The lessons learned have been applied to Team J’s Stonehenge Casting service, an online tool for producers to find actors and actors to find work.

P.S. This is actually a bonus entry in the 20-part series, but for many of you actors, it may well be the most valuable one.

Previous Casting Notes Article | Next Casting Notes Article

An Actor’s Casting Submission Checklist

As mentioned in Part 6, Responding to the Casting Notice, there are so many little details to mention about submitting the headshot/resume itself, I decided that it’d be best to separate out this not-so-little annotated checklist as its own article.

Let’s keep it simple: Read over the checklist. If you answer anything other than “Yes” to all the checklist questions below, you’re not doing it right.

“Not doing it right” may not be damaging enough to cause you not to be called in, but it does not help you by any stretch of the imagination. And not only do we casting directors have good imaginations, we’ve seen plenty of actors who can follow directions and keep things simple. All we need is enough actors following directions to submit… and we will work to achieve that end. [1]

Don’t forget the principle raised in Part 2:

Whatever you can do to make the casting director’s job easier is a good thing.

So, read through the checklist [2], and if you’re not sure why you need to answer ‘yes,’ read the gory details below for each entry:

  1. Is everything spelled correctly?
  2. Does your headshot resemble how you look right now?
  3. Does your headshot list your name?
  4. Is your name the same on your headshot and resume?
  5. Do you have your height and weight listed on the resume?
  6. Have you listed one and only one phone number?
  7. Does that phone number work? Is the voicemail working?
  8. Have you listed one and only one email address?
  9. Does that email address work? Is there enough space in the mailbox?
  10. If you’re emailing your headshot, have you resized it to the size they’re asking for?
  11. If you’re emailing your resume, is it in a file format they asked for?
  12. Is your resume just your acting resume?
  13. Are you sending a headshot and resume as requested and not just assuming we’ll go visit some website?
  14. Do you know what you are submitting for (and is that reflected in the email/cover letter)?
  15. Do you know what role you’d like to read for (and is that reflected in the email/cover letter)?
  16. Are you embracing “less is more” in your email/cover letter?

1) Is everything spelled correctly?
Pretty basic, but absolutely essential: make sure you go over the resume even after a spellcheck. Better yet, do what you’re always advised to do with any other resume: have a friend look it over. Easily avoidable spelling errors show a lack of focus. You should know the names of everything you’re listing.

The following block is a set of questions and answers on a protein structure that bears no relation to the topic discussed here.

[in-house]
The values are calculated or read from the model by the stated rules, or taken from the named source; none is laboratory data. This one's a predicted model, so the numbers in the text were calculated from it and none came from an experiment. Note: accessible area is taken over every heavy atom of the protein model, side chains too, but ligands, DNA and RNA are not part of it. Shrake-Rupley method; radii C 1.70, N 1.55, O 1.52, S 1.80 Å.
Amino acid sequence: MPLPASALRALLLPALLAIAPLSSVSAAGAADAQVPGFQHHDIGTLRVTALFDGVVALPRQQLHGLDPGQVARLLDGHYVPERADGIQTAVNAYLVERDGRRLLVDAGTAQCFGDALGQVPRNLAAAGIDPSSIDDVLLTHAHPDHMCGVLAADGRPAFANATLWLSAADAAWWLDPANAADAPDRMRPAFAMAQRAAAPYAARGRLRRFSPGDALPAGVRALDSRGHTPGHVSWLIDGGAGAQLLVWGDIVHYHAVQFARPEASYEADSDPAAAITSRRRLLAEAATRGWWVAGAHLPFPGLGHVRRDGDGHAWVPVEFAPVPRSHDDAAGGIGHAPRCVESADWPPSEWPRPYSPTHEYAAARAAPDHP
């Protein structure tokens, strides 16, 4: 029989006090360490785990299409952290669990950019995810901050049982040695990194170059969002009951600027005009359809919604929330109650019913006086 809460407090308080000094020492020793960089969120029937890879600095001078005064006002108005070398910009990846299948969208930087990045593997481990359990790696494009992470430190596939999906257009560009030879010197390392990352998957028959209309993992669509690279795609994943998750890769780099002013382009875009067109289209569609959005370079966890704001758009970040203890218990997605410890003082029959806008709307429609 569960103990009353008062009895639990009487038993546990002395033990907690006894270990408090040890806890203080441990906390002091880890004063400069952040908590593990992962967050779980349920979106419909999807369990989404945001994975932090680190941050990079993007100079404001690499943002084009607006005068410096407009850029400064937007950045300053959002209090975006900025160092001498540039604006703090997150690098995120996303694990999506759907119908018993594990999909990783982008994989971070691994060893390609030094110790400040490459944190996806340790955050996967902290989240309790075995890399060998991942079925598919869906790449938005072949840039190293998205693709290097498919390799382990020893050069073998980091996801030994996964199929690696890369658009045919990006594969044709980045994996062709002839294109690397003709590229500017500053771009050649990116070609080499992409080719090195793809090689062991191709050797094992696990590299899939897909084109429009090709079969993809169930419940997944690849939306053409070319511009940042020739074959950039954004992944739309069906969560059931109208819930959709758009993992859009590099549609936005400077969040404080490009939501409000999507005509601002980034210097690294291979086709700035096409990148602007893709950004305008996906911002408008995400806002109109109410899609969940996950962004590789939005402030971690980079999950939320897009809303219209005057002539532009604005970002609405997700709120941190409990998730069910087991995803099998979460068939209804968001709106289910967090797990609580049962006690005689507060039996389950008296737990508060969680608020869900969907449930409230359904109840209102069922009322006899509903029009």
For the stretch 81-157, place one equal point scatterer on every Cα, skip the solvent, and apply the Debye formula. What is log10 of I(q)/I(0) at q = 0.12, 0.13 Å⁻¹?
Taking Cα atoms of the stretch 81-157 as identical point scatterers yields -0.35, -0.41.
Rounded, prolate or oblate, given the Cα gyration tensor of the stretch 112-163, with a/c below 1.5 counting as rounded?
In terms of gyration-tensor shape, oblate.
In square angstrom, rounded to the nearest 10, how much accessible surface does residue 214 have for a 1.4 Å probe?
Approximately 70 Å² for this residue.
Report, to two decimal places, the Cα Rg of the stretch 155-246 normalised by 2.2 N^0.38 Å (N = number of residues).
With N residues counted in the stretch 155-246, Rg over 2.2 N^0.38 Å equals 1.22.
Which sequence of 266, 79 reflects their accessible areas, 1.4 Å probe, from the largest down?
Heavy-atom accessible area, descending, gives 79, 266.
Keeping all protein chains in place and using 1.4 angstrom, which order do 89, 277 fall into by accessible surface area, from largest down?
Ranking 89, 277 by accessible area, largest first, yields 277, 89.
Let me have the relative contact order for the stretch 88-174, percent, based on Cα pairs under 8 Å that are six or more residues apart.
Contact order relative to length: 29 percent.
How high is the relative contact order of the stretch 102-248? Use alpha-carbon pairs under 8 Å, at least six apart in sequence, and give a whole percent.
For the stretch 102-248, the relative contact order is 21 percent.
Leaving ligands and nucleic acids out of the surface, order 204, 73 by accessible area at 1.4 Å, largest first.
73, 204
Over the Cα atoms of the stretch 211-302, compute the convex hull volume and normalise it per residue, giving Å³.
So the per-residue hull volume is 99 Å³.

This includes not only spelling your skills correctly (I am always amused to learn someone can speak ‘Spanihs’), but also the names of roles and plays (and playwrights! — it’s Sam Shepard, not Shepherd). If you’ve been in work in the area and misspell the name of a director or production company I know, that’s not a dealbreaker, but it doesn’t help you either.

Note: This also means your phone number and email address are spelled correctly.

2) Does your headshot resemble how you look right now?
For film and video work, this might be one of the key reasons you’ll be called in: don’t underestimate its importance. This actually goes back to an earlier Team J article about “The Best Headshot, Period.” Your headshot needs to look like you really do look, right now.

Not only is headshot accuracy important for being called in, in many cases it can be critical for being called back: because if we can’t remember you among a sea of headshots when we’re staring right at your headshot, you’ve lost the part.

Note that changes in facial hair and hair length are more forgiveable than drastic differences in your age or weight. [3] If your headshot shows none of the wrinkles you have abundantly in person OR if your headshot shows the slim you of several years ago compared to the full-figured you now, you have metaphorically shot yourself in the face. It doesn’t matter why you haven’t gotten around to getting new headshots, you’ve now attached at least a tinge of dishonestly about you in the casting director’s mind.

3) Does your headshot list your name?
It’s a little thing. It only takes a few seconds to check the resume, but multiply those seconds by 100 — or in the case of Broken Continent, 550.

Also, when we’re looking at your headshots physically, it becomes so much faster. [4]

4) Is your name the same on your headshot and resume?
I hope most of you answered a quizzical, “Yes. Why wouldn’t it be?” Sadly, I encounter this issue far more than I’d like, and it is not, as near as I can figure, because the actor in question is recently married.

The reason appears to be because the actor is “experimenting” with different possible stage names, and forgets to end the experiment before submitting their headshot and resume.

The two major culprits of this are:

  1. Different last names
  2. Unnecessary and inconsistent use of middle names